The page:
Magazine article History Today

Christopher Hill: John Morrill Remembers and Assesses the Marxist Historian of the English Revolution, Who Died Recently. (Today's History)

Magazine article History Today

Christopher Hill: John Morrill Remembers and Assesses the Marxist Historian of the English Revolution, Who Died Recently. (Today's History)

Article excerpt

THE EXTRAORDINARY expansion of universities in the 1960s and 1970s placed a huge responsibility on the generation of graduate teachers who were training up the young scholars who would fill the legion vacancies in expanding campuses. The field of early modern British history was especially vibrant, and those who taught in the major universities of the English-speaking world had a special responsibility for the development of the subject. And they grasped it. In America, the colossi were Jack Hexter at Yale and Lawrence Stone at Princeton; in Cambridge Geoffrey Elton and Jack Plumb; in London John Neale and Joel Hurstfield; and in Oxford Hugh Trevor-Roper and Christopher Hill. Now they are dead, and the one to out-live the others, in life and perhaps in reputation, was Christopher Hill. His death marks the end of an epoch.

Hill was born on February 6th, 1912, and died on February 24th, 2003. He was born into comfortable circumstances, the son of a York solicitor who was also a stern Methodist. This combination of material prosperity and intellectual non-conformity was, transmuted, to be the key to his life. He always seemed at ease combining the creatures comforts of college life, of homes in leafy North Oxford and 'unspoiled' Pfirigord, with intellectual Marxism and an admiration for Stalin's Russia that outlived Stalin himself. He traded his parents' religious radicalism for a secular variety and lived with the contradictions.

His career was straightforward. He was an undergraduate at Balliol (1931-34) and a Prize Fellow of All Souls (1934-36); after an assistant lectureship at University College Cardiff (1936-38) he went to Balliol for forty years as a Fellow and, 1965-78, as Master. After retiring at the age of sixty-seven, he spent several fruitful years as a Visiting Professor at the Open University. Self-consciousness about his slight speech impediment limited his effectiveness as a lecturer, but he was a very good tutor and research supervisor, never assertive or closed-minded. He had a slightly craggy face and slightly raffish swept-back hair, but what stays in the memory was the keen, sharp, quizzical eyes and the slight playfulness of the smile around his mouth. He was intellectually generous to all who sought him out until physical and mental decline in his final years caused him to retreat to the Cotswolds where he was guarded by Bridget, his wife and intellectual companion.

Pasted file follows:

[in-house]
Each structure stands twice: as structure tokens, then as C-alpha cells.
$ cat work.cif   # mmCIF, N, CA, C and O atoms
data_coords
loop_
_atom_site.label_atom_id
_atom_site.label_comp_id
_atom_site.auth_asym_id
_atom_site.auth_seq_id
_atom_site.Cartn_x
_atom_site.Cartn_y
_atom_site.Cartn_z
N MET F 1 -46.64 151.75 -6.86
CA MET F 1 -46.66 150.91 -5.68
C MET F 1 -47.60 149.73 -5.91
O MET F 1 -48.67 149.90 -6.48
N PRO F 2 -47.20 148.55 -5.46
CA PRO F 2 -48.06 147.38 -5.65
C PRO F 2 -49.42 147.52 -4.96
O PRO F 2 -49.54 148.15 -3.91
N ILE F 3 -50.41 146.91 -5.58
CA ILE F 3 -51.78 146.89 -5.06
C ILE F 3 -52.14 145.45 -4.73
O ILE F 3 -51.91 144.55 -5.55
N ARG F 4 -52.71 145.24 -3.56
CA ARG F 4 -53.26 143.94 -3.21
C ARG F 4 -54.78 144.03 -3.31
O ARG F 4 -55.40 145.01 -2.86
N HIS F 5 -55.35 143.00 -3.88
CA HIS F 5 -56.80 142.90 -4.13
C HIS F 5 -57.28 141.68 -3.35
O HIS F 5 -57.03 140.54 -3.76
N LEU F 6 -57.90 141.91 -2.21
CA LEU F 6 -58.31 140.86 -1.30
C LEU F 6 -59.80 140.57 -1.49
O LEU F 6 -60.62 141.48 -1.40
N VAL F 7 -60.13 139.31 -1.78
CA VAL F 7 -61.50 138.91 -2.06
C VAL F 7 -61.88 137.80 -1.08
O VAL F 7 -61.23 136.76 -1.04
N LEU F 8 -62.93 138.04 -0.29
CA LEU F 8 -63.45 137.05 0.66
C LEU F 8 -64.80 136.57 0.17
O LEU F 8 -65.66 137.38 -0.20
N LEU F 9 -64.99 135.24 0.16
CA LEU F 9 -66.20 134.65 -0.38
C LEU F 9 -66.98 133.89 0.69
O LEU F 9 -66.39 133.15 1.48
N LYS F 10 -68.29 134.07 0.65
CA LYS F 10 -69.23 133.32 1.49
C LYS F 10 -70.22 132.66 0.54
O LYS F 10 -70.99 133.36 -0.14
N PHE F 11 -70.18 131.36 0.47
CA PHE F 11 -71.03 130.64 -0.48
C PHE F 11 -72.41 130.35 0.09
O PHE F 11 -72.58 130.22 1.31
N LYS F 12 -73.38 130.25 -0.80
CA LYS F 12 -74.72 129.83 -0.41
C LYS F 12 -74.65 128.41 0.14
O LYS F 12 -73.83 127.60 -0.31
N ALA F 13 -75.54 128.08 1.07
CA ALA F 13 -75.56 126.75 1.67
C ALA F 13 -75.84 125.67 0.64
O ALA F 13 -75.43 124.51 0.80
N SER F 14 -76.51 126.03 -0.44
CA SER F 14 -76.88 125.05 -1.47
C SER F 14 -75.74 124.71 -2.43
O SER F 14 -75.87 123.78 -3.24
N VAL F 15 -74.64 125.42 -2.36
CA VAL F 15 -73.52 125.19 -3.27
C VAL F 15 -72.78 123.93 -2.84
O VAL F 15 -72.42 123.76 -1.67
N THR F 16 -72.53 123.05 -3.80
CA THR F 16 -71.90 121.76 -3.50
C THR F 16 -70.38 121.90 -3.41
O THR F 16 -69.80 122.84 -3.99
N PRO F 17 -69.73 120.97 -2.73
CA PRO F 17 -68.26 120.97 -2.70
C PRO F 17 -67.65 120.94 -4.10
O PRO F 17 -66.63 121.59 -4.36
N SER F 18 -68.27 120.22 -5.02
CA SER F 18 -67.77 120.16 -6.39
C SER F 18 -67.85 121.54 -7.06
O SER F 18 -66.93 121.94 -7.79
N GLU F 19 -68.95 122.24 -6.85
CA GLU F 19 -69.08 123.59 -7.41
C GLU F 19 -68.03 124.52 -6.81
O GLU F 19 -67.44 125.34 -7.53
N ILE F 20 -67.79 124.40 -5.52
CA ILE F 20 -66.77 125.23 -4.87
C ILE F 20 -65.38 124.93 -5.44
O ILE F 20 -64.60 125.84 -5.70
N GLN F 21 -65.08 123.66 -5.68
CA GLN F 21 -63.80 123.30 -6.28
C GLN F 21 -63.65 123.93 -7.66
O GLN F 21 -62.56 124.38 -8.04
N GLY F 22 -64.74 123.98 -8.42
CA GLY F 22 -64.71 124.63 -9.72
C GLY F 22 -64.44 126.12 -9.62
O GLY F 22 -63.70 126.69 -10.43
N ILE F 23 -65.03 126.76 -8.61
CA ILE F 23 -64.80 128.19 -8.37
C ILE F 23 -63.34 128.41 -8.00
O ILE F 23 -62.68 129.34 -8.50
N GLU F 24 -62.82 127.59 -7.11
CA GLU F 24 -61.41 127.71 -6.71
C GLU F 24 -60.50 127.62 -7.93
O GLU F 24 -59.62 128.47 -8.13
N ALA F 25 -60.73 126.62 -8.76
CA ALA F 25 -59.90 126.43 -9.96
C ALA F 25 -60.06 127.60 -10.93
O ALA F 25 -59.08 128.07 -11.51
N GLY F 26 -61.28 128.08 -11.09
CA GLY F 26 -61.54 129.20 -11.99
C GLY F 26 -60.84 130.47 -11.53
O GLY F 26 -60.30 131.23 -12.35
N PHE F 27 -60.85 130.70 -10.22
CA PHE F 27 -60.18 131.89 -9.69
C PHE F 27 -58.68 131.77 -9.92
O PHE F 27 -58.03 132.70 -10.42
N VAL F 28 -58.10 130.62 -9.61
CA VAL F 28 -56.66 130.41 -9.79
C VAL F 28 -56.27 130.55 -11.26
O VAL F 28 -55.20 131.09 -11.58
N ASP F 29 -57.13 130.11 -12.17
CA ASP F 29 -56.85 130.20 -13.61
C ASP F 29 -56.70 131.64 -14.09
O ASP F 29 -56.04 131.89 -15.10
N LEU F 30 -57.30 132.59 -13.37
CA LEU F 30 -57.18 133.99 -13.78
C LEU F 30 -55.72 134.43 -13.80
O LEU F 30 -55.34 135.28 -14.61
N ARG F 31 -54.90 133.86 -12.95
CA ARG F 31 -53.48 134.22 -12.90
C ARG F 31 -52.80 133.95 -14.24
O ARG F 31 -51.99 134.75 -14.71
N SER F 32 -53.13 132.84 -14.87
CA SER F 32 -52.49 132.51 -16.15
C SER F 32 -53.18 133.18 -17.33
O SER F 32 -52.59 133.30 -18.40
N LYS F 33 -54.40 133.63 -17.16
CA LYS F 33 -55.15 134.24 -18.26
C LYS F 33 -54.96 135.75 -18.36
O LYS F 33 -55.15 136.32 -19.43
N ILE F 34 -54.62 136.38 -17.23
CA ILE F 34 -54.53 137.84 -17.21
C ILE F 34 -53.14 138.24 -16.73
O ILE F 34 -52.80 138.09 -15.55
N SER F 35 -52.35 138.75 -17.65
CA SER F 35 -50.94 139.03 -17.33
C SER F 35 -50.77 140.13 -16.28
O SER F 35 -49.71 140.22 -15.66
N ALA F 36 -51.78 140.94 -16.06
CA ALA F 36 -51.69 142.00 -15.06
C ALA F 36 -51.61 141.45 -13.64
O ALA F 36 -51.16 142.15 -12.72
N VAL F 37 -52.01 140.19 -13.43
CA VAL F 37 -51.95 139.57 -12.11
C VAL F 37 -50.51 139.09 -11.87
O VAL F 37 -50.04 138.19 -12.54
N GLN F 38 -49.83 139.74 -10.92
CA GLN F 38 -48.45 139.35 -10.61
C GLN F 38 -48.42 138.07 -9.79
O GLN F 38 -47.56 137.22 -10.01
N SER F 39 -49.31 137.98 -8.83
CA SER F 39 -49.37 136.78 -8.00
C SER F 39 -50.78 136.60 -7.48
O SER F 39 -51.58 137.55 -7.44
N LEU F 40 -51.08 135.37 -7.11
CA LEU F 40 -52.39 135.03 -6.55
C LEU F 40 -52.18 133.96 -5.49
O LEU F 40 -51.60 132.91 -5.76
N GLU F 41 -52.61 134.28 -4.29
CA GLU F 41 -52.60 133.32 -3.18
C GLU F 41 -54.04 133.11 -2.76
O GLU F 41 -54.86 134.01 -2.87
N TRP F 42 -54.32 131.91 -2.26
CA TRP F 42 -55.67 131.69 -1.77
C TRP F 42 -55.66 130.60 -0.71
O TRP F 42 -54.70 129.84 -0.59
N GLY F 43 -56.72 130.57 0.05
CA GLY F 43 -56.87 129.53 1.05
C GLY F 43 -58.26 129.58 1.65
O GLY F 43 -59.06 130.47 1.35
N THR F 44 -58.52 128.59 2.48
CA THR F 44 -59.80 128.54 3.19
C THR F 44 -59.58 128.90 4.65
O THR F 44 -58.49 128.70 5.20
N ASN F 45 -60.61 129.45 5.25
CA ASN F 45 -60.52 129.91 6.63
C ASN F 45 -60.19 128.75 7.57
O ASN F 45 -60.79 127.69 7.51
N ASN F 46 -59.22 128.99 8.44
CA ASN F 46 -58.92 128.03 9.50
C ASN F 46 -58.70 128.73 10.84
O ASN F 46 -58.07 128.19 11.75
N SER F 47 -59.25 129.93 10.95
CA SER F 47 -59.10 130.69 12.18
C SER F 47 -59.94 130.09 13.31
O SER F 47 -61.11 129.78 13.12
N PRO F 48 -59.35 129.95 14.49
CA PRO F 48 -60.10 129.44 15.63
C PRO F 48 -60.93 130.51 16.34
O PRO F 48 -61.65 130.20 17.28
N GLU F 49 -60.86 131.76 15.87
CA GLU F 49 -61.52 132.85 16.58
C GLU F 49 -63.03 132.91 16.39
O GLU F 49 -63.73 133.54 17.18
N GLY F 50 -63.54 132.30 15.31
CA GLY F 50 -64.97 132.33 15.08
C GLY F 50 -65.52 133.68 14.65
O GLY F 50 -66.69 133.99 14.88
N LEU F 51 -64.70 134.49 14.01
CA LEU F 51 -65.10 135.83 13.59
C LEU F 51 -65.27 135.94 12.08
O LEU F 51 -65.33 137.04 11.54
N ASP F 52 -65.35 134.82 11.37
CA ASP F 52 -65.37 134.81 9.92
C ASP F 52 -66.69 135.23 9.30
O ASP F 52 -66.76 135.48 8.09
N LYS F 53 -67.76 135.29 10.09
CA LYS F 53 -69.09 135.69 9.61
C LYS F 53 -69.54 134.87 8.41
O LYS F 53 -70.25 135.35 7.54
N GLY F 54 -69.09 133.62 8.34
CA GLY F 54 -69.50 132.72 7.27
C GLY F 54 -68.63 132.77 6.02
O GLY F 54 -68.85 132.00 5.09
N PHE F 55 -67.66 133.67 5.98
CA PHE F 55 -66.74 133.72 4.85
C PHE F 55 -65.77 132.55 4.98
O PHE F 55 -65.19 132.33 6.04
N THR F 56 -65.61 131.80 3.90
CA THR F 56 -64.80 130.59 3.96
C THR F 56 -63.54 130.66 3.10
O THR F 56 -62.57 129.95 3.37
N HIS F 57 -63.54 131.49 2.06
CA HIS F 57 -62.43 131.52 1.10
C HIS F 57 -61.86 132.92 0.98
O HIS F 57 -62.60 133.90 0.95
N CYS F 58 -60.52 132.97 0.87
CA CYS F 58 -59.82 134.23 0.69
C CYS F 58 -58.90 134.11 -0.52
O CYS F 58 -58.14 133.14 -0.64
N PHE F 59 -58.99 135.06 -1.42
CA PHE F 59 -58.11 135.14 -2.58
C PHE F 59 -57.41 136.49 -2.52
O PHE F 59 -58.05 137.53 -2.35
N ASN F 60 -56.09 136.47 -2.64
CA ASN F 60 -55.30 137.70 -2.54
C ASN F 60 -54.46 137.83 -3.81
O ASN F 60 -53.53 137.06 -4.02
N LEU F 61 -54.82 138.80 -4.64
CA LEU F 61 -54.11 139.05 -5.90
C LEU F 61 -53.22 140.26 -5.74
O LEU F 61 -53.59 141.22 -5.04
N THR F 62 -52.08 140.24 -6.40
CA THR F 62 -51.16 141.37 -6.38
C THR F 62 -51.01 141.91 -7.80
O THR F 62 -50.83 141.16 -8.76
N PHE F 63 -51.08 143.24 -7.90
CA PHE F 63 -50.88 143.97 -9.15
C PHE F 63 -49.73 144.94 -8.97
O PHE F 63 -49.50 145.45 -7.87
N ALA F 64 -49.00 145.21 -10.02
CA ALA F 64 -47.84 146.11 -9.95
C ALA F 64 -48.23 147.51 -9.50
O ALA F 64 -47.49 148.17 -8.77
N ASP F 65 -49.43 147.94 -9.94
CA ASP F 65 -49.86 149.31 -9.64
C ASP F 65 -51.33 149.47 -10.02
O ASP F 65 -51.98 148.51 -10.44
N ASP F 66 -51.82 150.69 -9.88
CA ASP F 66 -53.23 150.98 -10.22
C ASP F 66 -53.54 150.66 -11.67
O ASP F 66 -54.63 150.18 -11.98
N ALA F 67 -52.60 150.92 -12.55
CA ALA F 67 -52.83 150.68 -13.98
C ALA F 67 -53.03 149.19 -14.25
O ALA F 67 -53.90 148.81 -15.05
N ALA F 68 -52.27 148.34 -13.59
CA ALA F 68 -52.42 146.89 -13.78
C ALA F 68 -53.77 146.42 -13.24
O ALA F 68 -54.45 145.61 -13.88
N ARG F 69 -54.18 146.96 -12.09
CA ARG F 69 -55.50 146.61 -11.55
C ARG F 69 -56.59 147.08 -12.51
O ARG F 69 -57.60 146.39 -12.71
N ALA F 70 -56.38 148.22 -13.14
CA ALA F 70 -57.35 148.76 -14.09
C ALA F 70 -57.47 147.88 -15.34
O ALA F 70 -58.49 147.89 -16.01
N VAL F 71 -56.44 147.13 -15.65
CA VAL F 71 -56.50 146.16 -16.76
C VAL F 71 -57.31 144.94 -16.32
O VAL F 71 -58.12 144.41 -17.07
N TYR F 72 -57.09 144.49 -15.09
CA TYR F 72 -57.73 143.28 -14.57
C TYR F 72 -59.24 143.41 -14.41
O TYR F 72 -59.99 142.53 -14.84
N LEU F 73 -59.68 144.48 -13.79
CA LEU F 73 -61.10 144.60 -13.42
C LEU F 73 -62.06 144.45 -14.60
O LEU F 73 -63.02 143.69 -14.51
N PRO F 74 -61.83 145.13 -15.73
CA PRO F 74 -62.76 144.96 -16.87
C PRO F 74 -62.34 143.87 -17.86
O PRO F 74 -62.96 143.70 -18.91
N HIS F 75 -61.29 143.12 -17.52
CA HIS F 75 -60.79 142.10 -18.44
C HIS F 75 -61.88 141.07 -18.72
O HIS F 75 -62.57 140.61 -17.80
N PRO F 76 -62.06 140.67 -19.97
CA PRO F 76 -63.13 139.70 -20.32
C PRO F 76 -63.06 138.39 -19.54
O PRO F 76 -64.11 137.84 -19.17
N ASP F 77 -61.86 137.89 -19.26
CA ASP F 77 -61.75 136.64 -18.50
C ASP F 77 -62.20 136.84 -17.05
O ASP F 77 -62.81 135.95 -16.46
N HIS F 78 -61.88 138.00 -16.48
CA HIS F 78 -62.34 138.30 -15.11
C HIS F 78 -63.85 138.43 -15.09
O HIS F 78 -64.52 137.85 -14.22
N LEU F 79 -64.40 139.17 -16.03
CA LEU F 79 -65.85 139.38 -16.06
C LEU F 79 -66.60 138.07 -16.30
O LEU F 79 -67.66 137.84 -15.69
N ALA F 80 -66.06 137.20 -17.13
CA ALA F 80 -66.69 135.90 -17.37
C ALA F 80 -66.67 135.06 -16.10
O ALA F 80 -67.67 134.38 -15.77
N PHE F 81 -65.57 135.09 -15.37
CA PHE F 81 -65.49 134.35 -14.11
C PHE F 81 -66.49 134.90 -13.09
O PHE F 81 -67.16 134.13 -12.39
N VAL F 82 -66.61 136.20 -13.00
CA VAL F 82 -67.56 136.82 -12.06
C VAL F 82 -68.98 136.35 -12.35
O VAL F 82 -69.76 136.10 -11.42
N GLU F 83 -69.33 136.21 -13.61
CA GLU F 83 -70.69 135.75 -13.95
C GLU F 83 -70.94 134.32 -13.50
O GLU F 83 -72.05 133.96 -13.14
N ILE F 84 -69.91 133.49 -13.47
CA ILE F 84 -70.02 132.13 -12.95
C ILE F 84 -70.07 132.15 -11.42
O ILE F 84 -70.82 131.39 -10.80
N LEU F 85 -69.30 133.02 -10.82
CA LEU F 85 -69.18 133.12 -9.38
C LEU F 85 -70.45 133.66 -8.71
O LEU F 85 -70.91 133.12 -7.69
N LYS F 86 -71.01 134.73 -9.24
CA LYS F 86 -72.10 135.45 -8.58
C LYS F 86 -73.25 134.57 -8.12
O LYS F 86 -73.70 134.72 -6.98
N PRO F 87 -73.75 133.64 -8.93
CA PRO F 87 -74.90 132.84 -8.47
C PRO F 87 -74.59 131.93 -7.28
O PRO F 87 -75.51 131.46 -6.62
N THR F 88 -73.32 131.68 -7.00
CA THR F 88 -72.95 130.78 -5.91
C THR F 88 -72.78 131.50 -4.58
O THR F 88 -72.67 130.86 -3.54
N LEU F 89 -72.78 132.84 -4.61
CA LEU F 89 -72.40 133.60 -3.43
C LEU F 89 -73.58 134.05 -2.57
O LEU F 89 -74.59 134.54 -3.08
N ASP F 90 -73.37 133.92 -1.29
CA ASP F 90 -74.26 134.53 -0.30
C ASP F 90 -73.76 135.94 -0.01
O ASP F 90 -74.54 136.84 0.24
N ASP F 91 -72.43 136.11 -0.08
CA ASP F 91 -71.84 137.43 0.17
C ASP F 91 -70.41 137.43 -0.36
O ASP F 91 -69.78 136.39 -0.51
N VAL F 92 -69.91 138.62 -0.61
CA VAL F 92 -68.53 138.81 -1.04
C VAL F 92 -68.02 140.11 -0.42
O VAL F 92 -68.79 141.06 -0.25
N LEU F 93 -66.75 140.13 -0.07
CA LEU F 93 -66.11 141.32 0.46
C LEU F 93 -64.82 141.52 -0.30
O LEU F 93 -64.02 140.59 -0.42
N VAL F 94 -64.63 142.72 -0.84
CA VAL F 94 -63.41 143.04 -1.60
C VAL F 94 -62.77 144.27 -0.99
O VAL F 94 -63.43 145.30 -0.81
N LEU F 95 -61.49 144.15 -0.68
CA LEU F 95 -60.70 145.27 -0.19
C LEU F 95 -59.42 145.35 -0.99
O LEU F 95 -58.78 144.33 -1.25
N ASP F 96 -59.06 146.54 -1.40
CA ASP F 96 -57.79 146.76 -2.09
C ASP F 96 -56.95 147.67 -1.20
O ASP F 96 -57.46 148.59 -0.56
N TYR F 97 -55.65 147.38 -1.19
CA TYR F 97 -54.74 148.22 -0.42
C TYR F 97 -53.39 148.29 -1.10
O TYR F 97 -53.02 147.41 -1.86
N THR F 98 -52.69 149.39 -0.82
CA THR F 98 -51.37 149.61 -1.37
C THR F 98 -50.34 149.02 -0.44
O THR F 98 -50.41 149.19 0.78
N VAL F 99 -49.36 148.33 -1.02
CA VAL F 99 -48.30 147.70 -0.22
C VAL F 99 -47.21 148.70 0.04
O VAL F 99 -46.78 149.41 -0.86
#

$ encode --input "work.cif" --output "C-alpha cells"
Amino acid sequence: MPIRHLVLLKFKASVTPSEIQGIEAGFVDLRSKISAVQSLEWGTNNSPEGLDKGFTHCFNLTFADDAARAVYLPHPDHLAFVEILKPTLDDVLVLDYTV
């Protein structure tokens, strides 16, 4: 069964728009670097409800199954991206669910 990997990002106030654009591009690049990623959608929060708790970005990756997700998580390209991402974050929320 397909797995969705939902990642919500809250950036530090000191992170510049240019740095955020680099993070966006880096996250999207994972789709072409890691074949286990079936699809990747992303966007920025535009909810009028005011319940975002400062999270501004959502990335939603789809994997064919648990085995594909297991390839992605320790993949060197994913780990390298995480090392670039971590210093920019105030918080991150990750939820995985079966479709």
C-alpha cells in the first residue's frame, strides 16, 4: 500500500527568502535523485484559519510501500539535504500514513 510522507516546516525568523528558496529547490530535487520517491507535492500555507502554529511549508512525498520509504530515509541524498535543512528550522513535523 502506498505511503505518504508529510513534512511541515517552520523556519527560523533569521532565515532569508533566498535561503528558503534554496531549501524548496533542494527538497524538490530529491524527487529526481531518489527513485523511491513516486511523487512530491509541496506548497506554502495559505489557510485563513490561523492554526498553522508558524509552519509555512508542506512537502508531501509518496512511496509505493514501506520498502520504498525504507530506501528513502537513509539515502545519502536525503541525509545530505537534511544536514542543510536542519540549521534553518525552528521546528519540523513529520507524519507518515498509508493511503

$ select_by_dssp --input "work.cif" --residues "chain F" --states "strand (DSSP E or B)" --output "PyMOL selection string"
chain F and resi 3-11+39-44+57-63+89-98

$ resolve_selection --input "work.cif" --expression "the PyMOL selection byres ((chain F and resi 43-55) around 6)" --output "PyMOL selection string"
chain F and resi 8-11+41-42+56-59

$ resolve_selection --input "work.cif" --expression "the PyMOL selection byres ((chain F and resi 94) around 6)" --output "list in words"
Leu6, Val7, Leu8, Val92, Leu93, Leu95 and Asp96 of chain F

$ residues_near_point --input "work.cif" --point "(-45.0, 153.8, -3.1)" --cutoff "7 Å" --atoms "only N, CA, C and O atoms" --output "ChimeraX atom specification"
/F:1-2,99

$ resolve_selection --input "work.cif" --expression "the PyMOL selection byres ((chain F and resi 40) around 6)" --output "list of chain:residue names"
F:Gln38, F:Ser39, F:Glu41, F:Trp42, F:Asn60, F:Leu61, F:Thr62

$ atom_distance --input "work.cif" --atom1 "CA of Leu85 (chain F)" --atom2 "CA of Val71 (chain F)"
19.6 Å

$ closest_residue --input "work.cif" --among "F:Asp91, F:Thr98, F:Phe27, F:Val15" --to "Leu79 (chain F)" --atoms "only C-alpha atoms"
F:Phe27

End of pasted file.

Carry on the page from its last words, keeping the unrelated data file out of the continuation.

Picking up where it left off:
The two great turning points in his life were his conversion to Soviet Communism in the early 1930s and his departure from the Communist Party of Great Britain in 1957. The years of his 'conversion' were the years of the Great Depression. He rejected the triumphalist self-helpism of his background in favour of something more fundamentalist. He told a Cambridge postgraduate student a few years ago that the most powerful influences on his intellectual development as an undergraduate were first F.R. Leavis and Scrutiny and then the socialist historians of the period, especially G.D.H. Cole. But, he said, what turned him towards Russian State Socialism was the sickening complacency of the dons he encountered. It was the easy dismissal by those around him of the Russian Revolution and their blind eye to the evils of Nazism that drove him to explore the former. He spent 1935 studying in Russia and then became an active member of the Communist Party, writing as and when requested to do so, sometimes in his own name (most interestingly The English Revolution, 1640, for The Marxist Text Book Series in 1940), and sometimes under pen-names given him by the Party.

In the later 1940s and 1950s, he was a key member of the Marxist Historians' Group, which set out, by rigorous debate and intellectual self-discipline, to develop a comprehensive Marxist account of English history. And why not? Some of his writings he later disowned. If his biography of Lenin (1947) is an uncritical account, his adulatory writings about Stalin, including a fawning essay on his greatness as a historian and humanitarian, were disreputable. …

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